One of the indicators used in the Oregon Index of Leading Indicators is U.S. Industrial Production, as reported by the Fed. While industrial production – manufacturing, mining and utilities – does not represent that large of a segment in the economy, it is sensitive to business and consumer demand and also other economic variables like interest rates. For these reasons and the fact that Oregon remains a state that makes stuff – our manufacturing sector is about 15% larger in relative terms than the national average – this makes for a good leading indicator. However, the data is national in scope and we know that Oregon’s industry mix is different than the average state, so one item our office has been working on and off for the past year or two is creating a more Oregon specific industrial production measure. One possibility would be to use the ISM Western Washington index, constructed in the same manner as the national ISM figures, however the data is reliant primarily on Puget Sound manufacturers which also have a different mix than here in Oregon. Another possibility is to use the extensive industry level data available at the U.S. level and adjust based on Oregon’s unique industry structure. Given that Oregon is not a big mining or utilities state, the focus here is just on the manufacturing sector and the results can be seen below.
The Oregon Manufacturing Index uses the detailed industrial production indexes for each sub-industry and re-weights their contribution to the overall index based on Oregon’s employment shares for each sub-sector. That is, the Oregon measure is more heavily weighted towards Wood Products, Computer and Electronic Products and Food Manufacturing than the U.S. index is. Conversely, the Oregon index is less reliant on activity in the Transportation Equipment or Machinery sectors. As seen in the graph, the Oregon version of the index is very similar to the national indices and the pattern over business cycles is the same as well. One item to note is that the index in Oregon grew more slowly than the national figures during the 1990s however more quickly in the 2000s. As far as I can tell the slower 1990s is a combined result of two sub-sector trends going in opposite directions: Wood Products and Computer and Electronic Products.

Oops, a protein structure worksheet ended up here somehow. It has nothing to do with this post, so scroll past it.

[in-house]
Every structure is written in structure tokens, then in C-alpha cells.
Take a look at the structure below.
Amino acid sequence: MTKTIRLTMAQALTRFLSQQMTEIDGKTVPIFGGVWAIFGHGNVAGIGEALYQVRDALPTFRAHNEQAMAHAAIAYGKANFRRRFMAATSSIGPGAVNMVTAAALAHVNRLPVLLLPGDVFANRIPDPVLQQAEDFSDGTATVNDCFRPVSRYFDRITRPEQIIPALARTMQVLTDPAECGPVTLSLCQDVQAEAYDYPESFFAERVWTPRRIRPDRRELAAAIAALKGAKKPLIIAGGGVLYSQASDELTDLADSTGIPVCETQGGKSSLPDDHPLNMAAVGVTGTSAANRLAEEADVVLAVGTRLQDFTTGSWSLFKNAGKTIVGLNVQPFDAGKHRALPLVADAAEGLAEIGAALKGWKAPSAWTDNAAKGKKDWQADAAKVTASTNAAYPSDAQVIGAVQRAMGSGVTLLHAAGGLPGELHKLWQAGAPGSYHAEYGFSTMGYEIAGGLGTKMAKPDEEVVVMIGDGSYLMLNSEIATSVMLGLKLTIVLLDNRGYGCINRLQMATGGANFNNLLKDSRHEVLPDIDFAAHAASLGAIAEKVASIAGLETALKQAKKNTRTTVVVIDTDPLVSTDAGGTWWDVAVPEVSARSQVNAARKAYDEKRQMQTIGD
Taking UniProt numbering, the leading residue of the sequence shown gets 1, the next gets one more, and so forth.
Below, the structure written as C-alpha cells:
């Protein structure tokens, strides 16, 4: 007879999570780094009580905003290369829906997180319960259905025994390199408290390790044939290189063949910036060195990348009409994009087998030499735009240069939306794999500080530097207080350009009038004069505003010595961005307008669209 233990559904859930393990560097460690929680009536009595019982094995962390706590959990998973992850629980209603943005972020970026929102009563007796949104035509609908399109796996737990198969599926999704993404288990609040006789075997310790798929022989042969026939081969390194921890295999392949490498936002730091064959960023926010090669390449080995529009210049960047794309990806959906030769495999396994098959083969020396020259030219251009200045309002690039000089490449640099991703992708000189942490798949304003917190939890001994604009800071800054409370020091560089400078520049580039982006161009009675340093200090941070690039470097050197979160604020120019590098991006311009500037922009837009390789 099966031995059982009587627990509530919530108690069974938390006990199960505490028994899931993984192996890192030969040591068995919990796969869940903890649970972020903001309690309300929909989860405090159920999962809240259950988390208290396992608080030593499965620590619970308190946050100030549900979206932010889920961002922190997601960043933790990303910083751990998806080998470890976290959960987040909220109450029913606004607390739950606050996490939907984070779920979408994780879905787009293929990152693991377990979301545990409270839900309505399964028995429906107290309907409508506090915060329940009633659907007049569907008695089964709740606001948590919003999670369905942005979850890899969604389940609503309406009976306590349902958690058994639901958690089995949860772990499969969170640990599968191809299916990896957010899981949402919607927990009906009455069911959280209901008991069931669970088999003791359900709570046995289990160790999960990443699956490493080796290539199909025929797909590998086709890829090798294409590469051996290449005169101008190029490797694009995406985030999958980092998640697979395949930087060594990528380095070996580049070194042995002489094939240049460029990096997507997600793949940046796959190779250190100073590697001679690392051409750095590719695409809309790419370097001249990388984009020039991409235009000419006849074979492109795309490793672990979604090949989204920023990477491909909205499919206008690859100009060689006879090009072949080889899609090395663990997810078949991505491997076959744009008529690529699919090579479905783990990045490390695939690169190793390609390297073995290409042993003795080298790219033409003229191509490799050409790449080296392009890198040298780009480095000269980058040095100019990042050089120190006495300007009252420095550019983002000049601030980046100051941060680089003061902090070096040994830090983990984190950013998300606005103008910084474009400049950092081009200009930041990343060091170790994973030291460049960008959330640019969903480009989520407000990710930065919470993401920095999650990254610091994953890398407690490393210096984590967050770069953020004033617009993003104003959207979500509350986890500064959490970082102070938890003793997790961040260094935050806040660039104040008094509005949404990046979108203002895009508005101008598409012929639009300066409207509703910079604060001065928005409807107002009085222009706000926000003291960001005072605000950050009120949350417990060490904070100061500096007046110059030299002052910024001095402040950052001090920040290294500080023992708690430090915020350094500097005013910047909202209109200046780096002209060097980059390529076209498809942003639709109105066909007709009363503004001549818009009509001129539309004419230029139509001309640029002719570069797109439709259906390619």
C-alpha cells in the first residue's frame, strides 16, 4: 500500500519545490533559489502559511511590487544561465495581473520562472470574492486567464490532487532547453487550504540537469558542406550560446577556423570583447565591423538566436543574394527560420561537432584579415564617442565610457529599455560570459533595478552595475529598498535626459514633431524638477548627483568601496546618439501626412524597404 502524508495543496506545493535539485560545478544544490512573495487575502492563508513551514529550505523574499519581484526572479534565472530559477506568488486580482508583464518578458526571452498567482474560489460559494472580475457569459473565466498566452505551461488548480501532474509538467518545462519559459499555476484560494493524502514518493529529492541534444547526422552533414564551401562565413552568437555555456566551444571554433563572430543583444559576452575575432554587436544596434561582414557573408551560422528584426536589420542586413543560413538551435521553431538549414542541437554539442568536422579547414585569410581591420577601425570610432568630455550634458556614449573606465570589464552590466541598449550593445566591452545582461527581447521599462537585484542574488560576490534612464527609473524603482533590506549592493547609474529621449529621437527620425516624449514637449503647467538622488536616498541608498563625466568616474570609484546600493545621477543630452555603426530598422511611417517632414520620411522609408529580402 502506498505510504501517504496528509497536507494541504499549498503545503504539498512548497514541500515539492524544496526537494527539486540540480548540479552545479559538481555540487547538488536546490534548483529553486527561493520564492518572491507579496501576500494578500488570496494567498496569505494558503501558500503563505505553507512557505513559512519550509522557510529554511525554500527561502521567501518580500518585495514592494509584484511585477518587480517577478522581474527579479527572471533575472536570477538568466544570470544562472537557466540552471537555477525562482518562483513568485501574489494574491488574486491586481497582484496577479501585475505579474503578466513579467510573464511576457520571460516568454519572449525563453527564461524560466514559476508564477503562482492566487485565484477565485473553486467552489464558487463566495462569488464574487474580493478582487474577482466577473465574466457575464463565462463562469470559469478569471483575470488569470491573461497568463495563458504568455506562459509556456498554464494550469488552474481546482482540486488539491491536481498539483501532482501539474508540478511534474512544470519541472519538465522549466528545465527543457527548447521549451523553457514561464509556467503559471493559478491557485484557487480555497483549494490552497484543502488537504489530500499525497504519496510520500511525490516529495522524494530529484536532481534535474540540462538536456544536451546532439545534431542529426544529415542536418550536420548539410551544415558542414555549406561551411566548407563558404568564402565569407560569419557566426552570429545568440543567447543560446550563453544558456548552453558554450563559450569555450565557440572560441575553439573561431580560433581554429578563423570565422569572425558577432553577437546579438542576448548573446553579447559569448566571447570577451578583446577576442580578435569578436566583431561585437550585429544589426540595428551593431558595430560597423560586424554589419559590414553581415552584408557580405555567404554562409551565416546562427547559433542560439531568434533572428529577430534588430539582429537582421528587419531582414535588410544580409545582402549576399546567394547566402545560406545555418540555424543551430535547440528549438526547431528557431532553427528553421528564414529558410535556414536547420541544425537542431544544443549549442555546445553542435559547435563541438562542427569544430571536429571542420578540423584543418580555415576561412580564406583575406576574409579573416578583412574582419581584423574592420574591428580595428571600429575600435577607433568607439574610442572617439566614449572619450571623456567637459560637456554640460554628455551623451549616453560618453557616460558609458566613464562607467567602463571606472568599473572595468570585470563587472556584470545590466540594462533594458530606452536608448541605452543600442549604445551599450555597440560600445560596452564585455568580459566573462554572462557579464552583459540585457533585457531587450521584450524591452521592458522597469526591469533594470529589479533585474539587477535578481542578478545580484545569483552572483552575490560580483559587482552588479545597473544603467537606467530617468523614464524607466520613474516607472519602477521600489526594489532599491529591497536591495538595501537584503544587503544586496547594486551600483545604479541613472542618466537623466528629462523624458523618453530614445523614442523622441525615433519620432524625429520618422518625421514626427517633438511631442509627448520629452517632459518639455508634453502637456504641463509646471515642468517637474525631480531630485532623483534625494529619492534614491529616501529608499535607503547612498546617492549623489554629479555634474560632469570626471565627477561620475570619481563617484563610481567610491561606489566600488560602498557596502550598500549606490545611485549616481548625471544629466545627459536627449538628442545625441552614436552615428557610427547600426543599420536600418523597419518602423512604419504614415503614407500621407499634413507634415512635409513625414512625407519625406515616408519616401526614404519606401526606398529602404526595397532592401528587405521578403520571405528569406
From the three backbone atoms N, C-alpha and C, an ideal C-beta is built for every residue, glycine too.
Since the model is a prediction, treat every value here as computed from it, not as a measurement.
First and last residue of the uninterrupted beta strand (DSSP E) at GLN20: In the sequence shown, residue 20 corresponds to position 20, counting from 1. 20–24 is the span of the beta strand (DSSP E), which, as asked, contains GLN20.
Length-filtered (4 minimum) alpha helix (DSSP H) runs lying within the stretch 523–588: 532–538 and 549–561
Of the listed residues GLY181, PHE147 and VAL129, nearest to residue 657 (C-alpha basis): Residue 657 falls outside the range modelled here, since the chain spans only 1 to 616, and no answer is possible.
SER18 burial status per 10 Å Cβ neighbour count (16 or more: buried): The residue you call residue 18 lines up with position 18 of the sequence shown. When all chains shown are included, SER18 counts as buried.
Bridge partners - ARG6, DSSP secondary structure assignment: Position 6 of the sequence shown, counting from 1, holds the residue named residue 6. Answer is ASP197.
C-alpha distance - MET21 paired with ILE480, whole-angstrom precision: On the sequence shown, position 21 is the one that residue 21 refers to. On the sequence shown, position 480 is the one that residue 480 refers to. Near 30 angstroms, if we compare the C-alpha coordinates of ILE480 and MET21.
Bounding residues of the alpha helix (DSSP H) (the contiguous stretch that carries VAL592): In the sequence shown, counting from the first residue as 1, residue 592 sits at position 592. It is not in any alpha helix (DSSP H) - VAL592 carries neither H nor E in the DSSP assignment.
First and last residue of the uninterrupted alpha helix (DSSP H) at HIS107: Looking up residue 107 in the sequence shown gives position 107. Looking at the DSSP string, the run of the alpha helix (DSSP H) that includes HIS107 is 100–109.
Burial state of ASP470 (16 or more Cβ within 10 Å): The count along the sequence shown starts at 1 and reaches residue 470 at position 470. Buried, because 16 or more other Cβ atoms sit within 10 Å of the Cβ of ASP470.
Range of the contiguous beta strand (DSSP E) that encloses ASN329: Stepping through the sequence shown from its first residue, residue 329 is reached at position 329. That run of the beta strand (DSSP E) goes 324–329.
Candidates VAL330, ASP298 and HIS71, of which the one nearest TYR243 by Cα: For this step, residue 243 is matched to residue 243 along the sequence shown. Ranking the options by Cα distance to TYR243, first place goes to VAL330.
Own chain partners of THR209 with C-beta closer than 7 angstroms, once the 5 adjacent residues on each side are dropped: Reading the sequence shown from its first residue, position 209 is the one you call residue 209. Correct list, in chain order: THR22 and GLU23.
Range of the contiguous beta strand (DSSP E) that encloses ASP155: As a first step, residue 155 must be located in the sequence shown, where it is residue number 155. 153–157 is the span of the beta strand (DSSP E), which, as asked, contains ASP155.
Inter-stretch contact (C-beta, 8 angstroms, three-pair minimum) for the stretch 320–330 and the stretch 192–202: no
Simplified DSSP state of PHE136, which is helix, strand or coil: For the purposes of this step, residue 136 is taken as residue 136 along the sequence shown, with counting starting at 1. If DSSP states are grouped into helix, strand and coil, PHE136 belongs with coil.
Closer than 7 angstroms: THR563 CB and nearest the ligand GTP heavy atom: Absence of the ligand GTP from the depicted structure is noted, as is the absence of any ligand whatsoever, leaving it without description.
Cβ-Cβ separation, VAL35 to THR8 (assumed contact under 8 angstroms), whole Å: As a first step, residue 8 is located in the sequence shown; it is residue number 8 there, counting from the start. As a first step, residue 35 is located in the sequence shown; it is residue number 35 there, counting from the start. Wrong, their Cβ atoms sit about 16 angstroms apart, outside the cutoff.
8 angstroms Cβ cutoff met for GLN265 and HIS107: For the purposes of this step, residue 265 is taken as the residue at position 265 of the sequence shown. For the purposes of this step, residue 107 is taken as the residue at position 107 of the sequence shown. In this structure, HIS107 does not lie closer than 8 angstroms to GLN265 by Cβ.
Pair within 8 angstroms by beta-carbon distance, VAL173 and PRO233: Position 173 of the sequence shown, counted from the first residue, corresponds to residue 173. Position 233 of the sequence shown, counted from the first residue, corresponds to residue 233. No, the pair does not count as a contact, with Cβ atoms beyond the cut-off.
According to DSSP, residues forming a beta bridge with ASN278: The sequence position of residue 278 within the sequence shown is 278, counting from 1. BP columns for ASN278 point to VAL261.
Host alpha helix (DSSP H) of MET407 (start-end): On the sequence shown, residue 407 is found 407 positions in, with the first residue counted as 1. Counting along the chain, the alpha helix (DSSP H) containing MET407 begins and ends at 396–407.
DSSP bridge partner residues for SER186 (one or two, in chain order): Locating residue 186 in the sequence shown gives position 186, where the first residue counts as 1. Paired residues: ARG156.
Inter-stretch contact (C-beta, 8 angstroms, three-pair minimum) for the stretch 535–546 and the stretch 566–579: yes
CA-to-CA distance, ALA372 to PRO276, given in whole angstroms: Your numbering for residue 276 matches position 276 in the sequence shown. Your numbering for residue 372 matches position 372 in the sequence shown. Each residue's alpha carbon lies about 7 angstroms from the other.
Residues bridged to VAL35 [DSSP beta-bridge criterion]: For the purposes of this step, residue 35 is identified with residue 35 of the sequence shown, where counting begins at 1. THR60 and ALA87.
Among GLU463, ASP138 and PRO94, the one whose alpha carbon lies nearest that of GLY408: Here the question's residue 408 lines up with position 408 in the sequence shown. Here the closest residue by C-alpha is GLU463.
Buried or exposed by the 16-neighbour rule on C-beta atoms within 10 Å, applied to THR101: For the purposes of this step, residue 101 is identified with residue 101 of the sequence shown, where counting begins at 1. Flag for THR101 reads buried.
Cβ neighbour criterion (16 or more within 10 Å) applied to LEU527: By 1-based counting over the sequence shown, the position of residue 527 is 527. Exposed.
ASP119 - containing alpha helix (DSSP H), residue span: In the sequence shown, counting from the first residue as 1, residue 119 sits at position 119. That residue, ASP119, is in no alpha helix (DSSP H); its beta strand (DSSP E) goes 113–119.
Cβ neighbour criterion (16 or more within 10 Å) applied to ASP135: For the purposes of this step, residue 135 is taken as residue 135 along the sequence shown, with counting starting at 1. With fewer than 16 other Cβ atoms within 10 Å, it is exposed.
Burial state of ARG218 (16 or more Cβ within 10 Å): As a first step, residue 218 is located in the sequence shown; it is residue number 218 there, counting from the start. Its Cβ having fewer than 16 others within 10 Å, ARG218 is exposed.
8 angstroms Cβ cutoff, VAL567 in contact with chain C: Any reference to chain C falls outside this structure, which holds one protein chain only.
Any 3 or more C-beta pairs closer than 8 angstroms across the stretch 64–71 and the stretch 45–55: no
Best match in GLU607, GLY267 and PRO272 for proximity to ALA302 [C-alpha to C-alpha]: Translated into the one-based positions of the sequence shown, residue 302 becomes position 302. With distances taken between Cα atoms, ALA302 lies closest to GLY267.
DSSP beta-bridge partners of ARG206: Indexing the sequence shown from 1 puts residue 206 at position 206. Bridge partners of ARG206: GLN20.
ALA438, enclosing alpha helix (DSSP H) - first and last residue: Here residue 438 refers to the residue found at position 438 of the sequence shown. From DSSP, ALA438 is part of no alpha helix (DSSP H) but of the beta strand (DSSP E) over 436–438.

To a certain extent, today in Oregon we tend to think that we don’t really do a whole lot of wood products anymore given the declines we have experienced in the past few decades, however relative to the nation overall we are still very much a wood products state*. This also means that the industry does have a large influence on the Oregon Manufacturing Index. However, as employment in the industry declines over time so too does the industry’s influence on the index. [See this previous post for a historical look at the Wood Products industry in Oregon.]
The graph below shows the contribution each manufacturing sub-sector makes to the overall index. The two main trends of Wood Products’ decline and Computer and Electronic Products’ climb are clearly evident.
Finally, at this point in time the newly created index will be used as another measure of economic activity in Oregon and updated periodically and shared here on the blog and in our presentations. However given the similarities to the U.S. figures – which is to be expected given they both use the same underlying data – it will not replace the Industrial Production data in the Oregon Index of Leading Indicators. The hope is that over time as this process continues to evolve and improve, an Oregon specific measure will eventually replace the national data and provide a better leading indicator.
* Fun fact: Douglas County has long been the dominant wood products county in Oregon and in 2011 the county represented a little less than 1% of the national wood products and logging employment in the entire country while only being 0.03% of the population. While 1% may not sound like that much, considering its size that is astonishingly large and these industries combined result in a location quotient for Douglas County of over 36.